TCC Announces Fall Visual Arts Exhibits/Events

FORT WORTH, Texas (Oct. 17, 2014) Tarrant County College campuses will host numerous visual arts exhibits and events this fall.
At TCC’s South Campus, Dana Frankfort’s “Space Between Buildings” exhibit gives insight into her painting process. The images depict various stages of a painting’s evolution to completion. According to Joshua Goode, department of fine arts chairman at the South Campus, Frankfort peels back the curtain on her creative process with raw and urgent images taken with her cellphone. The exhibit ends its run in the South Campus Carillon Gallery, 5301 Campus Drive on Nov. 6 with a closing reception with the artist 6 to 8 p.m.
TCC faculty and students will showcase their work in four exhibits across the District.
Painting, sculpture, printmaking and video works by Southeast Campus faculty and adjunct instructors are displayed in Art Corridor II at the Southeast Campus 2100 Southeast Parkway, Arlington. The Fine Arts Faculty Biennial Exhibit runs through Nov. 20.
Starting Nov. 3, “4 Walls: The Best of the Northwest,” a juried exhibition of advanced student artwork, will be shown through Dec. 2 in the Lake View Gallery at the Northwest Campus, 4801 Marine Creek Parkway.
The South Campus Faculty Biennial Exhibition will run through Dec. 11 in the Carillon Gallery. On Nov. 13, an opening reception will be held with the artists 6 to 8 p.m.
“Point of View,” an exhibition of photography, highlights works from students who participated in the 2014 Photography Study Abroad Program. The students traveled to Milan, Italy and Malta. Combined Photography and Spanish Culture classes visited Southern Spain. The exhibition will be on display Nov. 4 through Dec. 5 in College Hall, NCAB 1111, on the Northeast Campus, 828 Harwood Road, Hurst. A reception for the artists is scheduled for Nov. 20, 5:30 to 7:30 p.m.
Visual Art Events Fall 2014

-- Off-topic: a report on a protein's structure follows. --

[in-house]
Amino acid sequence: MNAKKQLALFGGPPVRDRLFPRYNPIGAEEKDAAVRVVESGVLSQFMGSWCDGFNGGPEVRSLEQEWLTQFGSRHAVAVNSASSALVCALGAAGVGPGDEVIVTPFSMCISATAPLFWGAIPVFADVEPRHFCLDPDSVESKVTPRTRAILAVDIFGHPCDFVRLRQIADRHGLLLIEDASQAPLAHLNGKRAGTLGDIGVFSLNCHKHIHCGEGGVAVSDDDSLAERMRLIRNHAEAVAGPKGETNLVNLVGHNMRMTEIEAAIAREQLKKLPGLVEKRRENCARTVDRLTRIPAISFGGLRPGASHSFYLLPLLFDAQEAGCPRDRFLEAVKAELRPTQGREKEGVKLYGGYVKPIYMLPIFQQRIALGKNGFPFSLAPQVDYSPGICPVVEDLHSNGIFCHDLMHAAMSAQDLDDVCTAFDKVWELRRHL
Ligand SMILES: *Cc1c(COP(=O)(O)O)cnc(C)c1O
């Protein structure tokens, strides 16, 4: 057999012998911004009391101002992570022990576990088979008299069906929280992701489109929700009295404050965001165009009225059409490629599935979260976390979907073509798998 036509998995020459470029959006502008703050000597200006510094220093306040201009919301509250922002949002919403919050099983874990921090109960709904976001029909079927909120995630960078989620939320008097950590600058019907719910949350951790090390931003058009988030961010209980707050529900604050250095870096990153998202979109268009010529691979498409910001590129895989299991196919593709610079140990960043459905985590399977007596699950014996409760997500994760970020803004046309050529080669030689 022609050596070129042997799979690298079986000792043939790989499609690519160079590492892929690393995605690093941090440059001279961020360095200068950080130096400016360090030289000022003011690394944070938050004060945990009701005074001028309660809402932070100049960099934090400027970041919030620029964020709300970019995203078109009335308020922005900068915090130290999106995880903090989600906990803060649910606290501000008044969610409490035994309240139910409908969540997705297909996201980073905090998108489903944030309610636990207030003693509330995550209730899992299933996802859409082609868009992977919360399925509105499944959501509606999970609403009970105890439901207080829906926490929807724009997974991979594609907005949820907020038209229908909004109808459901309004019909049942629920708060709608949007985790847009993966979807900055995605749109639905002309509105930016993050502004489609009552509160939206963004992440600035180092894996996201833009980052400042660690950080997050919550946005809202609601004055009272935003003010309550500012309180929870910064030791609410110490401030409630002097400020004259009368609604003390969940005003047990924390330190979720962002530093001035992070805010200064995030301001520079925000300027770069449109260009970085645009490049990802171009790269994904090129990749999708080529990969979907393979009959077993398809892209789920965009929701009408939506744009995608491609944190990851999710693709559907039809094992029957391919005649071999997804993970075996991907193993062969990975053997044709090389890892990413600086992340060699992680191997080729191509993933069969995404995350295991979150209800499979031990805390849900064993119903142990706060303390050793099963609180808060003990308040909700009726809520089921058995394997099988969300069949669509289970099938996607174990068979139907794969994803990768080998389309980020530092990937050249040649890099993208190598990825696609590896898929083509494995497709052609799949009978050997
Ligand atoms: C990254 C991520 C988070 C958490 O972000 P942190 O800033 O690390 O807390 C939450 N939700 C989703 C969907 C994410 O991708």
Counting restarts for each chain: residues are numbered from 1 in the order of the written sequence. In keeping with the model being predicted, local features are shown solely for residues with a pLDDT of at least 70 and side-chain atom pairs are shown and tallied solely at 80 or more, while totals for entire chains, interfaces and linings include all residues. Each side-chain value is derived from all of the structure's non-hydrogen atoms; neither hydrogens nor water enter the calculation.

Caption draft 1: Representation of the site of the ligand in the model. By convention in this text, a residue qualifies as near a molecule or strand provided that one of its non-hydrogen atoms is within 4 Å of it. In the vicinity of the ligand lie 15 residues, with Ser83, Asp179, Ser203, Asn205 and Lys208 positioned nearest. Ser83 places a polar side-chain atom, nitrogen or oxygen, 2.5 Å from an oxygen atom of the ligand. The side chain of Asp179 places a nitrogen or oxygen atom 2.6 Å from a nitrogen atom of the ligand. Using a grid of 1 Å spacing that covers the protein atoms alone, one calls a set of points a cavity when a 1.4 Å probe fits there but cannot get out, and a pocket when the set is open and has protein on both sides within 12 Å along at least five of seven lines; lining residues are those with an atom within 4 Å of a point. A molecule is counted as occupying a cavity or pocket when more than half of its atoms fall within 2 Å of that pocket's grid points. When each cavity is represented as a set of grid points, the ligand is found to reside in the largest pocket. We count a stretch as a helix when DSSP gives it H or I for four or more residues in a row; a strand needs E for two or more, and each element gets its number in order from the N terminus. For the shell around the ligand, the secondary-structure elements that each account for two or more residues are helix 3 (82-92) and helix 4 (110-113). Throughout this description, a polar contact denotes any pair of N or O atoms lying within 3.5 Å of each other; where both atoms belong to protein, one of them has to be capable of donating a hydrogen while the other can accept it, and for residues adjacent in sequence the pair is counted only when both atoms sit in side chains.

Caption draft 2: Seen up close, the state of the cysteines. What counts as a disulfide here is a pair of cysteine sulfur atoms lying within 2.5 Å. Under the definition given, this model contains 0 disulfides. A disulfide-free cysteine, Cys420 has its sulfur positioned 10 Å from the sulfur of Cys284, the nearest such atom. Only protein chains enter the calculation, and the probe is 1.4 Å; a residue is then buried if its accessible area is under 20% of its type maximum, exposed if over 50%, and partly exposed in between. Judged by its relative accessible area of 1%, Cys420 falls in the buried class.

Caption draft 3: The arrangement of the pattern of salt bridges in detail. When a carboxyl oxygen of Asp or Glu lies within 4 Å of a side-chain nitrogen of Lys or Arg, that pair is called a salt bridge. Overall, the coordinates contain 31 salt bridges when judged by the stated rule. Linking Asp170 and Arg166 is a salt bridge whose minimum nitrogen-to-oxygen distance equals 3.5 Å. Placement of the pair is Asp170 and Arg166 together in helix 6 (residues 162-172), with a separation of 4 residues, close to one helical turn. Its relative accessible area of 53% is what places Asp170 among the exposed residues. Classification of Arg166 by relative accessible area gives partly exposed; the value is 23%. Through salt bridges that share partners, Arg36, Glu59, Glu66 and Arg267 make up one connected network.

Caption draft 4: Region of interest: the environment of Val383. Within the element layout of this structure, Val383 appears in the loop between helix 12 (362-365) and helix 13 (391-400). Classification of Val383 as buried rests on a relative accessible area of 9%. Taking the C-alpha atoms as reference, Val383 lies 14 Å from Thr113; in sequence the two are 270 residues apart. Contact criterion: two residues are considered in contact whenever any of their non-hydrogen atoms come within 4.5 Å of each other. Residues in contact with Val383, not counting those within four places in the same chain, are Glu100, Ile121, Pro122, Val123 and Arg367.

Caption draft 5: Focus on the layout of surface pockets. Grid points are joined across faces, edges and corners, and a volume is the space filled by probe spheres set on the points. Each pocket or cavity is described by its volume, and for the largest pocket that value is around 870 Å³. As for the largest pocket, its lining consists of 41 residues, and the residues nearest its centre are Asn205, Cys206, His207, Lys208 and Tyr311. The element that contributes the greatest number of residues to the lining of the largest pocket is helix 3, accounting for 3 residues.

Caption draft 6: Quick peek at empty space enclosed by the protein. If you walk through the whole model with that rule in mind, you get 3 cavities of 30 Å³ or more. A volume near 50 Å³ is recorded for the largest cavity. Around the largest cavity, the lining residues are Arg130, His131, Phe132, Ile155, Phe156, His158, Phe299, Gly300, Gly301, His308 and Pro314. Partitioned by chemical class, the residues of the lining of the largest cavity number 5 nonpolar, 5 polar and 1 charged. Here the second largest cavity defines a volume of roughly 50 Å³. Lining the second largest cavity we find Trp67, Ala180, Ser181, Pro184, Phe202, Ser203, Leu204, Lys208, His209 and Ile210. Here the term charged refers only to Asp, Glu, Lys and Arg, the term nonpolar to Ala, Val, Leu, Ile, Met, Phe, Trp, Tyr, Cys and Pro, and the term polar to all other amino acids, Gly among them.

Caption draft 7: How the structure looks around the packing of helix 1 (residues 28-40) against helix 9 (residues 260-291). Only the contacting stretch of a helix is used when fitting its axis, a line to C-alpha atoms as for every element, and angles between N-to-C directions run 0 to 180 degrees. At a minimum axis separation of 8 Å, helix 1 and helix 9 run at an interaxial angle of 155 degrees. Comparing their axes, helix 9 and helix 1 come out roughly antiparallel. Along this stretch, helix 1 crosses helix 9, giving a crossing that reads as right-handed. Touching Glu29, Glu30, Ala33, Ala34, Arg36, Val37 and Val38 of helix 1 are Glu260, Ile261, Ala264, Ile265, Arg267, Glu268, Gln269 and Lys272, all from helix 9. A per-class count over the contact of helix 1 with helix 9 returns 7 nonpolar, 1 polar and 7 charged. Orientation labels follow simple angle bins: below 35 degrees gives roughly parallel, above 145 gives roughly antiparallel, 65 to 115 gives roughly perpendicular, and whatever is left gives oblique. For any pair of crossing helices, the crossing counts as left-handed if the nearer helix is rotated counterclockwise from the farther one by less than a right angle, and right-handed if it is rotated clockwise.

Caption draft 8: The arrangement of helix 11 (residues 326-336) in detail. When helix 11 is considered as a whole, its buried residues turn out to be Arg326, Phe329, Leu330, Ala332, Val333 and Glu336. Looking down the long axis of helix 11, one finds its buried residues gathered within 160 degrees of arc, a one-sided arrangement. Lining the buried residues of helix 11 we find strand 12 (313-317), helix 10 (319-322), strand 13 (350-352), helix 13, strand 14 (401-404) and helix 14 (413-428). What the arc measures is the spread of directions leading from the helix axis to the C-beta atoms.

TCC Announces Fall Fine Arts Events

FORT WORTH, Texas (Oct. 17, 2014) Tarrant County College Fine Arts offerings have expanded this fall to include the Kennedy Center American College Theater Festival, Texas I, which will be held at the Southeast Campus, 2100 Southeast Parkway, Arlington. TCC Theater Southeast will begin the festival with “Around the Word in 80 Days” at 7:30 p.m. on Oct. 22.
Six other colleges and universities will perform during the festival, which runs through Oct. 25. Guest schools include Texas Southern University (“Marcus: or The Secret of Sweet”); San Angelo State University (“Watson: The Last Great Tale of the Legendary Sherlock Holmes”); Richland College (“Rashomon”); Sul Ross State University (“Moises: A Modern-Day Tragedy”) and Texas Wesleyan University (“In and Between”). TCC’s Northwest Campus also will perform “The Adventures of Tom Sawyer.”
The festival will include a number of workshops in acting, lighting, makeup, design, auditions and playwriting. Additionally, critique sessions and networking opportunities will be available for festival participants.
Other TCC fine arts events happening this fall include “Music through the Centuries,” a faculty concert at the Northeast Campus, 828 Harwood Road, Hurst. Four eras of music history will be featured on Nov. 4 at 7 p.m. The traveling concert will start in NTSU 1615A and move to four different rooms, one for each era: Baroque, Classical, Romantic and Modern.
Dance companies from across the District will appear at the Southeast Campus in “Conversations in Rhythm” on Nov. 8 at 7:30 p.m. Pedestrian Dance Movement, a guest company, also will appear. Each company will perform three works in different dance genres. Tickets will go on sale Nov. 3. Tickets for general public are $5 and for TCC students, faculty and staff are free. All proceeds will be donated to Dancers Responding to AIDS.
Athol Fugard’s “Master Harold…and the Boys,” will begin on Nov. 13 at 7:30 p.m. at the Carillon Theatre at the South Campus, 5301 Campus Drive. Set in South Africa during the apartheid era, the play depicts how institutionalized racism, bigotry or hatred can become internalized by those who live under it.
Fine Arts Events Fall 2014

TCC Celebrates Hispanic Heritage Month

FORT WORTH, Texas (Sept. 19, 2014) – Tarrant County College will observe Hispanic Heritage Month, Sept. 15 – Oct. 15 with events honoring the cultures and contributions of Hispanic-American citizens. Campus observances include exhibits, festivals, films and special speakers.